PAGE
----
Body mass index trajectories from adolescence to early young adulthood: Do adverse life events play a role?

Leonie K. Elsenburg*, Nynke Smidt, Hans W. Hoek, Aart C. Liefbroer

*Corresponding author for this work

Research output: Contribution to JournalArticleAcademicpeer-review


Objective: The aim of this study was to investigate whether there are different classes of body mass index (BMI) development from early adolescence to young adulthood and whether these classes are related to the number of adverse life events children experienced. Methods: Data were from the TRAILS (TRacking Adolescents' Individual Lives Survey) cohort (n = 2,218). Height and weight were objectively measured five times between participants' ages 10 to 12 years and 21 to 23 years. Parents reported on the occurrence of adverse life events in their child's life in an interview when children were 10 to 12 years old. Unconditional and conditional growth mixture modeling was used for statistical analysis. Results: “Normal weight” (75.1%), “late onset overweight” (20.1%), and “early onset overweight” classes (4.8%) were identified. In analyses unadjusted for additional covariates, children who experienced a higher number of adverse events had higher odds to be in the late onset overweight (OR [95% CI] = 1.08 [1.00-1.17]) than the normal weight class, but the association was attenuated in analyses adjusted for additional covariates (OR [95% CI] = 1.07 [0.98-1.16]). Conclusions: Three BMI trajectory classes can be distinguished from early adolescence to young adulthood. The accumulation of adverse life events is not related to BMI trajectory class.

Original languageEnglish
Pages (from-to)2142-2148
Number of pages7
Issue number12
Early online date25 Oct 2017
Publication statusPublished - Dec 2017


Funding agencies: This work was supported by a grant of the Graduate School of Medical Sciences of the University Medical Center Groningen awarded to LKE and by the multidisciplinary research program Healthy Ageing, Population and Society (HAPS). HAPS is supported by the University of Groningen. This research is part of the TRacking Adolescents’ Individual Lives Survey (TRAILS). Participating centers of TRAILS include the University Medical Center and University of Groningen, the Erasmus University Medical Center Rotterdam, the University of Utrecht, the Radboud Medical Center Nijmegen, and the Parnassia Bavo group, all in the Netherlands. TRAILS has been financially supported by various grants from the Netherlands Organization for Scientific Research NWO (Medical Research Council program grant GB-MW 940-38-011; ZonMW Brainpower grant 100-001-004; ZonMw Risk Behavior and Dependence grants 60-60600-97-118; ZonMw Culture and Health grant 261-98-710; Social Sciences Council medium-sized investment grants GB-MaGW 480-01-006 and GB-MaGW 480-07-001; Social Sciences Council project grants GB-MaGW 452-04-314 and GB-MaGW 452-06-004; NWO large-sized investment grant 175.010.2003.005; NWO Longitudinal Survey and Panel Funding 481-08-013 and 481-11-001), the Dutch Ministry of Justice (WODC), the European Science Foundation (EuroSTRESS project FP-006), Biobanking and Biomolecular Resources Research Infrastructure BBMRI-NL (CP 32), and the participating universities. Disclosure: The authors declared no conflict of interest. Additional Supporting Information may be found in the online version of this article. Received: 18 April 2017; Accepted: 23 August 2017; Published online 25 October 2017. doi:10.1002/oby.22022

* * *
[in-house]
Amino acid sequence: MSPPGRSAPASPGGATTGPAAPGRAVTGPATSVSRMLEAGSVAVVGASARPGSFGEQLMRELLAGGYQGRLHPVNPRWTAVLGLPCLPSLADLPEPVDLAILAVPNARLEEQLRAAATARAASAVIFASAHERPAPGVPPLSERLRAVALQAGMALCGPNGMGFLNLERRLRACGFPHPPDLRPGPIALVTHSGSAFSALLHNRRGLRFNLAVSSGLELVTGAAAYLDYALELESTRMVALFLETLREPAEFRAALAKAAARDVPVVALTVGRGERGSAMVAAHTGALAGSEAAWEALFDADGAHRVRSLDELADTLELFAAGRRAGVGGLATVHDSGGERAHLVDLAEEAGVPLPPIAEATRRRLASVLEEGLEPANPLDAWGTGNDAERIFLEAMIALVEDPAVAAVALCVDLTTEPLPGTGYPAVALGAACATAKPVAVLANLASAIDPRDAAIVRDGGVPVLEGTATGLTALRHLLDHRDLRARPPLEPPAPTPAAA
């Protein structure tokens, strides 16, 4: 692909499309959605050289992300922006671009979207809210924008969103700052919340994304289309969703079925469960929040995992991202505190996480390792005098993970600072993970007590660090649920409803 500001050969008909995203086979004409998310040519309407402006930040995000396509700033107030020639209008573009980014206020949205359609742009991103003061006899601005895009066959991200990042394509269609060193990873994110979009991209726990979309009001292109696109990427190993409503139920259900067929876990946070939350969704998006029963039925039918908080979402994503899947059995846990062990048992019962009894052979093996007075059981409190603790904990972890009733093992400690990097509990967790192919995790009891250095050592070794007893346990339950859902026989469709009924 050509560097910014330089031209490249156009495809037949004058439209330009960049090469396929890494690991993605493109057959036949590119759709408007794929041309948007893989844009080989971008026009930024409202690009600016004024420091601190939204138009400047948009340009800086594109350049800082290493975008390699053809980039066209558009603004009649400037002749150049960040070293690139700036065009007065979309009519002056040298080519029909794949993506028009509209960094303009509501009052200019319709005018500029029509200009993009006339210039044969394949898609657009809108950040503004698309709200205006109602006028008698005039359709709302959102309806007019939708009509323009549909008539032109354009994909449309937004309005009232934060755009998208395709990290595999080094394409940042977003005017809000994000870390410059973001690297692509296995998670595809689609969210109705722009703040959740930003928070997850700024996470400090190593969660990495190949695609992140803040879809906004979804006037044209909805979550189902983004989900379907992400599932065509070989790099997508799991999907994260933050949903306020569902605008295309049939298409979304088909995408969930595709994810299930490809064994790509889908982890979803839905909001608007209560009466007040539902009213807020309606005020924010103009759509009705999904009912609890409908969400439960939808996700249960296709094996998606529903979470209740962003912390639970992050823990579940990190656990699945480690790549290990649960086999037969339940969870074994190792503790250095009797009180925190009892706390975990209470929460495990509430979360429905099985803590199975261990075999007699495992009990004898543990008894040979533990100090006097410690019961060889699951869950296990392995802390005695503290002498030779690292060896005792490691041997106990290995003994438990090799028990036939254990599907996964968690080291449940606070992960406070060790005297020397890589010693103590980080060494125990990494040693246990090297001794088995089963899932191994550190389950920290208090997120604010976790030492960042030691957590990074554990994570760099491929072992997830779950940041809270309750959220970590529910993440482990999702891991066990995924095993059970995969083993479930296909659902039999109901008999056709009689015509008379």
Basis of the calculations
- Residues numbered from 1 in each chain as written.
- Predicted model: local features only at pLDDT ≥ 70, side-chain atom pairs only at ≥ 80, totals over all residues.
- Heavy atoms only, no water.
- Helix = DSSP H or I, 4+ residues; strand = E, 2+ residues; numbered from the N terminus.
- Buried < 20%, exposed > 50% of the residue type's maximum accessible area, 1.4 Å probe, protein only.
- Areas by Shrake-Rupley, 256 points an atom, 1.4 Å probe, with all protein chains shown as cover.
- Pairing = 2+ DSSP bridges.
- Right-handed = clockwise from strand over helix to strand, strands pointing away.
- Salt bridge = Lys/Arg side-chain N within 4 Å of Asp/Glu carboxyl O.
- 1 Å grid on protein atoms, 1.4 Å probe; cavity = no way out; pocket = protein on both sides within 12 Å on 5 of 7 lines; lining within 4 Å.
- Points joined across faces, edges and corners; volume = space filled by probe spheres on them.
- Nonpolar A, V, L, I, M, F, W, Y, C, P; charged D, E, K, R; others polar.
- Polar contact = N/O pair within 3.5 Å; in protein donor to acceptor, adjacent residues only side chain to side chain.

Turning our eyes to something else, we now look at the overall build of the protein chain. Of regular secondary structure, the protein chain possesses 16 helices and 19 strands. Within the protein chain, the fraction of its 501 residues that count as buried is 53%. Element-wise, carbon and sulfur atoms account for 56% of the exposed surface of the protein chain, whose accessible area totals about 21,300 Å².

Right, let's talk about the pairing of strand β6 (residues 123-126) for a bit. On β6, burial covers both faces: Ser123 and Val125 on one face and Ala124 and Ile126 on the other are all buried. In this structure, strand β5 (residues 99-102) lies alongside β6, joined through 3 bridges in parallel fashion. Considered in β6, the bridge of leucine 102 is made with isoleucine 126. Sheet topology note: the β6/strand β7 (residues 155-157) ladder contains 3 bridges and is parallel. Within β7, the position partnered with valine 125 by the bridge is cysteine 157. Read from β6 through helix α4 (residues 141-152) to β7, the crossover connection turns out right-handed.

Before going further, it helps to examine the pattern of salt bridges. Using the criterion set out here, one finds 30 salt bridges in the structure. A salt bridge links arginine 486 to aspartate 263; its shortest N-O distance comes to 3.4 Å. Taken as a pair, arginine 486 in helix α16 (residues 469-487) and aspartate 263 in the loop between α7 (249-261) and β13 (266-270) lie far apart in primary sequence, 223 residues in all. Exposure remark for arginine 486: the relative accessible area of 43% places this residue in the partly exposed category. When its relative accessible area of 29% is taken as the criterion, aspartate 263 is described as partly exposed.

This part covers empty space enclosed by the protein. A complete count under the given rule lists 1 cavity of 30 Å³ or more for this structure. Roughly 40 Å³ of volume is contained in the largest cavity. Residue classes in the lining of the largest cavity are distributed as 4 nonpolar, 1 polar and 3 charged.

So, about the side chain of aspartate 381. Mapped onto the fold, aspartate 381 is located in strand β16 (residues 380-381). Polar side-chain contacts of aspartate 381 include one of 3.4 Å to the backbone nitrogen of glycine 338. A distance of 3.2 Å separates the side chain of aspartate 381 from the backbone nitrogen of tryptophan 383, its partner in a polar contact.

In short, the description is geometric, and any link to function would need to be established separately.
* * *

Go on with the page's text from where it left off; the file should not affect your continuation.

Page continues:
FundersFunder number
Biobanking and Biomolecular Resources Research Infrastructure BBMRI-NLCP 32
Dutch Ministry of Justice
Netherlands Organization for Scientific Research NWO
Social Sciences CouncilGB-MaGW 480-07-001, GB-MaGW 452-06-004, GB-MaGW 480-01-006, GB-MaGW 452-04-314
ZonMw Culture and Health261-98-710
ZonMw Risk Behavior and Dependence60-60600-97-118
Medical Research CouncilGB-MW 940-38-011
European Science FoundationFP-006
Rijksuniversiteit Groningen
Nederlandse Organisatie voor Wetenschappelijk Onderzoek481-08-013, 175.010.2003.005, 481-11-001
Wetenschappelijk Onderzoek- en Documentatiecentrum


    Dive into the research topics of 'Body mass index trajectories from adolescence to early young adulthood: Do adverse life events play a role?'. Together they form a unique fingerprint.

    Cite this